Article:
If thru-hiking the 93 (or so) miles of Mount Rainier National Park’s famed Wonderland Trail seems too daunting (cumulative elevation gain: 22,000-plus feet) or time-consuming (common itinerary: seven or more days), you might wonder if it’s possible to section-hike the entire trail in a series of day hikes.

“If you are a really eager, high-energy hiker, I think you could see a majority of the trail on day hikes — but we’re talking days with big miles,” said Tami Asars, author of the Mountaineers Books guidebooks “Hiking the Wonderland Trail” and “Day Hiking Mount Rainier” (and its companion app).

“You’ll have to work for it,” she said. “It’s not a gimme.”

The WT is indeed wondrous, a linear, open-air gallery that wows hikers with a wealth of eye-popping natural splendors. But it can be a beast of a trail. 


Often the route precipitously rises and falls over Rainier’s volcanic ridgelines like a manic roller coaster — up 2,000 feet, abruptly down 2,000, then up again. The remote west section between Mowich Lake and Longmire travels 34 miles and confronts hikers with 11,300 feet of lung-busting elevation gain.


How tough can it be? Once, as I descended from 5,600-foot Emerald Ridge, one of the west side’s numerous grand scenes, I crossed paths with a laboring uphill backpacker. He paused his slow-mo ascent as I approached and asked, wearily, “Does it ever stop going up?”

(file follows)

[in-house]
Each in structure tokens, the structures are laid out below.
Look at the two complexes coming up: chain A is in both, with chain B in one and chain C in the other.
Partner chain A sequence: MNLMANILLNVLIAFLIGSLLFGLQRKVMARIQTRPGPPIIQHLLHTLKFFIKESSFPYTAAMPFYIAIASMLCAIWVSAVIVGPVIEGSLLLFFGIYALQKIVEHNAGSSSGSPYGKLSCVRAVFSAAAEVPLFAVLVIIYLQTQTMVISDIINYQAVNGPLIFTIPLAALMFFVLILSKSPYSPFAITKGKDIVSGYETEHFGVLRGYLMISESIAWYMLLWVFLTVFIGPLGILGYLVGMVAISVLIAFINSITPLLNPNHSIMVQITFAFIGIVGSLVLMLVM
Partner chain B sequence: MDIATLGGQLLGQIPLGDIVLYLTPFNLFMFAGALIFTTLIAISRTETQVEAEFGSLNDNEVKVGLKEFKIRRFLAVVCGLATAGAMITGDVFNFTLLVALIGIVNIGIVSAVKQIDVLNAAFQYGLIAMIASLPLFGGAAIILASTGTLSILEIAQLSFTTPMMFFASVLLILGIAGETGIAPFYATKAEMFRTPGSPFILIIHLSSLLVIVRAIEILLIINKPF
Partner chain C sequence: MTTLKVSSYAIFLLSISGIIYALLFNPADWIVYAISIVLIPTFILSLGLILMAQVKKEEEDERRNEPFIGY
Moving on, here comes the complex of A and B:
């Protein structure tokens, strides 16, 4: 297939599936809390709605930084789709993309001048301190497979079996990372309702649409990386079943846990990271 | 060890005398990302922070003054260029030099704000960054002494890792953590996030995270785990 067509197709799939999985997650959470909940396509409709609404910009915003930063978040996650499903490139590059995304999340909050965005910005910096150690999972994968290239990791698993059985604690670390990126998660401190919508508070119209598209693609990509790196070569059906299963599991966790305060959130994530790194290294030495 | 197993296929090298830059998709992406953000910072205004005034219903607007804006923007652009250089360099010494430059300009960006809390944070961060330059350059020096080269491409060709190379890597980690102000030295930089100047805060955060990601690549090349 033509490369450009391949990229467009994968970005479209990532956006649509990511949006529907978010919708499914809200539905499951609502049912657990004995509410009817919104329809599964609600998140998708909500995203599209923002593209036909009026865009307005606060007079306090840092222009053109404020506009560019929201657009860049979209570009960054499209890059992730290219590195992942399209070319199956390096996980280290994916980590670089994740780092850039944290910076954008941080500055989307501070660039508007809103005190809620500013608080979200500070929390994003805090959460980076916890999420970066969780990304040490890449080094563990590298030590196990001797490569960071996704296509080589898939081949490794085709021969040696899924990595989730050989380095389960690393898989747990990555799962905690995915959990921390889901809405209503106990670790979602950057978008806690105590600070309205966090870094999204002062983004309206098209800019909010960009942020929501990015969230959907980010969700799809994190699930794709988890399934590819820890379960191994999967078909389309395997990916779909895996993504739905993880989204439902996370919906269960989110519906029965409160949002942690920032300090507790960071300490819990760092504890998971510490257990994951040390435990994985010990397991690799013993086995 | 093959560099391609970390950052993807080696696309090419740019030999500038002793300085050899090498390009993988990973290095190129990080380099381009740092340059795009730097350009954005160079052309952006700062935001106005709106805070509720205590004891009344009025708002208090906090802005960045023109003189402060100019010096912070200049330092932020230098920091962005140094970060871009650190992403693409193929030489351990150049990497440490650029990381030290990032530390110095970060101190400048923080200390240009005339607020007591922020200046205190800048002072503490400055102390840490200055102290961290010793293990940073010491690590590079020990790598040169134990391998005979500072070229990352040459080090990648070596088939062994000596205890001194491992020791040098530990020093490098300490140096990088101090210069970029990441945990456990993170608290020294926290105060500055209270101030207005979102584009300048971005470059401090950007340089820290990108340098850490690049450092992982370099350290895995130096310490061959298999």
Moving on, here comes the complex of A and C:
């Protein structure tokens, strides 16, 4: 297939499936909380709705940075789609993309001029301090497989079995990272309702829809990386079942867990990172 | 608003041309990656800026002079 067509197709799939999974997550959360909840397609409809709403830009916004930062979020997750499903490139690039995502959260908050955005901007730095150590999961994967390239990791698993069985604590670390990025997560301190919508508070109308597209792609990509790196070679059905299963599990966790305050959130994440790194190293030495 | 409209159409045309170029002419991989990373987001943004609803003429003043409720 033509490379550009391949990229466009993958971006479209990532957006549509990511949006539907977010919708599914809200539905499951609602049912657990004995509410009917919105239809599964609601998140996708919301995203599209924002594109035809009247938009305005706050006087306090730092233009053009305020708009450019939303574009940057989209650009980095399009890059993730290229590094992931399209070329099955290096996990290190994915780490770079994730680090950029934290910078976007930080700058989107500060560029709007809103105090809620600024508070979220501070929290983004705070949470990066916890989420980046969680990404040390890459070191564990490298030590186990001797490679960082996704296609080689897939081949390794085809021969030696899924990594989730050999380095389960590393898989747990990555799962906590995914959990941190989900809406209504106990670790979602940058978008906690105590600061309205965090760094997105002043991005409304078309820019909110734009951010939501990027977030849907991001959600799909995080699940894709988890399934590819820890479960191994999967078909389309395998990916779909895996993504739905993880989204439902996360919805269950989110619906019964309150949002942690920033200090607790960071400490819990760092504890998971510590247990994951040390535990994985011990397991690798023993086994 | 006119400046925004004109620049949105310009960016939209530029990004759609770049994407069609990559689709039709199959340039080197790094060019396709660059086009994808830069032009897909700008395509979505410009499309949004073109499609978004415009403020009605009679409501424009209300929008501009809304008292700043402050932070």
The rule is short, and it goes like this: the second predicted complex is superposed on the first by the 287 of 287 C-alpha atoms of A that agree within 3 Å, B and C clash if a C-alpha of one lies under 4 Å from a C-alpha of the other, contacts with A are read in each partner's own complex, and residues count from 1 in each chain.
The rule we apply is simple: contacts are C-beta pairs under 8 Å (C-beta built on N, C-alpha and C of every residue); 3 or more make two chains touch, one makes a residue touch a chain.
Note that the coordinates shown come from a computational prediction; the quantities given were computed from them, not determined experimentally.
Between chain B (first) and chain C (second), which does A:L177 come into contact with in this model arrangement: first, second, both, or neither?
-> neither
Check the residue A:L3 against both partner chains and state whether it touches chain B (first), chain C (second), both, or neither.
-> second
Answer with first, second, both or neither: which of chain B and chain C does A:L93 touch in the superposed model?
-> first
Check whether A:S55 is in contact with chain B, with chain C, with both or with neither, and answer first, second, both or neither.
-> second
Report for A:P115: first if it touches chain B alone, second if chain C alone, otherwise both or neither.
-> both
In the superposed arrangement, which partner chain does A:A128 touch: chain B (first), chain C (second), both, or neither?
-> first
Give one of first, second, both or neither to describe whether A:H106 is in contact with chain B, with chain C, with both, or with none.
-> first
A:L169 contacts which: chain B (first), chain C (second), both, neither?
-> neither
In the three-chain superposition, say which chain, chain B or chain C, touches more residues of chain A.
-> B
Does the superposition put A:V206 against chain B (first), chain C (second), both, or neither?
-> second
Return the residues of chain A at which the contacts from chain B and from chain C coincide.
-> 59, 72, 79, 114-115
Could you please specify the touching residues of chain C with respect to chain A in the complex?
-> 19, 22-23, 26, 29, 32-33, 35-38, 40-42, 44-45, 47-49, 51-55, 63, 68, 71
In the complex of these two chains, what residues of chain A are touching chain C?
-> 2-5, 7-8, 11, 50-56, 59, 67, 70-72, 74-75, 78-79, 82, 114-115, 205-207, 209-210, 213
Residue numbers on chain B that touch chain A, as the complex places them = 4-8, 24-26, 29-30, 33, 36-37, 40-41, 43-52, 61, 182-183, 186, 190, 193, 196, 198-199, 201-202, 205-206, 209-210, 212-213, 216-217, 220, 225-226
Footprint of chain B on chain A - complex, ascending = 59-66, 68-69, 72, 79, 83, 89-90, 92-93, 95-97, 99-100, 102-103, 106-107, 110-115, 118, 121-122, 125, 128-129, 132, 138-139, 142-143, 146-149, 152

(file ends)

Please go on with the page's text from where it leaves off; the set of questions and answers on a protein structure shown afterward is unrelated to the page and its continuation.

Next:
The Wonderland Trail can feel like that. While not every day hike involving the Big Loop is a spirit-draining test of will, some suggestions in this article are better suited for athletic hikers comfortable with double-digit mileages and vigorous pacing.

Pack the 10 essentials and remember that bikes and dogs are not permitted on Rainier’s trails. If you dig the long haul, here are some Wonderland options.

South side

Hike the entire 12.5-mile route between Longmire and Box Canyon (on Stevens Canyon Road) in a single one-way push. Or, as suggested by guidebook author Craig Romano, get dropped off at Reflection Lake and hike one-way downhill in either direction. Hiking west to Longmire (passing Narada Falls) loses 2,100 feet in 5.5 miles. Hiking east to Box Canyon (passing Martha and Sylvia Falls) drops 1,500 feet in 7 miles. All these options require a car shuttle.

The Wonderland’s forested south side offers several waterfalls but few long-distance views. “You rarely see day hikers on the trail between Reflection Lake and Box Canyon,” Romano said. “It’s a quiet section that makes a great choice if you’re there on an overcast or rainy day.”

The trail near Martha Falls is prone to slides, and the bridge over Stevens Creek was out in the early season. Check the trail conditions report at nps.gov for updates.


East side

One of the park’s most popular day hikes is the 11.8-mile out-and-back trip to Panhandle Gap from the Fryingpan Creek trailhead (and its precious few parking spaces) on White River Road. Casual hikers often regard this as a steppingstone hike to test their readiness for more arduous trips.

Hikers gain 2,100 feet during a 4.4-mile ascent to the flower-dotted meadows of Summerland (5,940 feet) — a turnaround spot for some. Those who push on abruptly enter Rainier’s barren alpine netherworld while climbing an additional 1.5 miles to 6,800-foot Panhandle Gap, the Wonderland Trail’s high point. Snow lingers long here; footing is often tricky. Views are glorious.

Beyond lies superb WT waypoints such as the deep-valley splendor of Indian Bar trail camp (5,120 feet) and heart-clutching views along Cowlitz Divide (5,930 feet). Day hikers are rarities here. The nearest road lies 7.5 miles away, way down at Box Canyon on Stevens Canyon Road (3,300 feet).

“That crest of the Cowlitz Divide is my favorite part of the trail,” Asars said. “It has flowers everywhere and there are insane views in all directions. It’s beautiful.”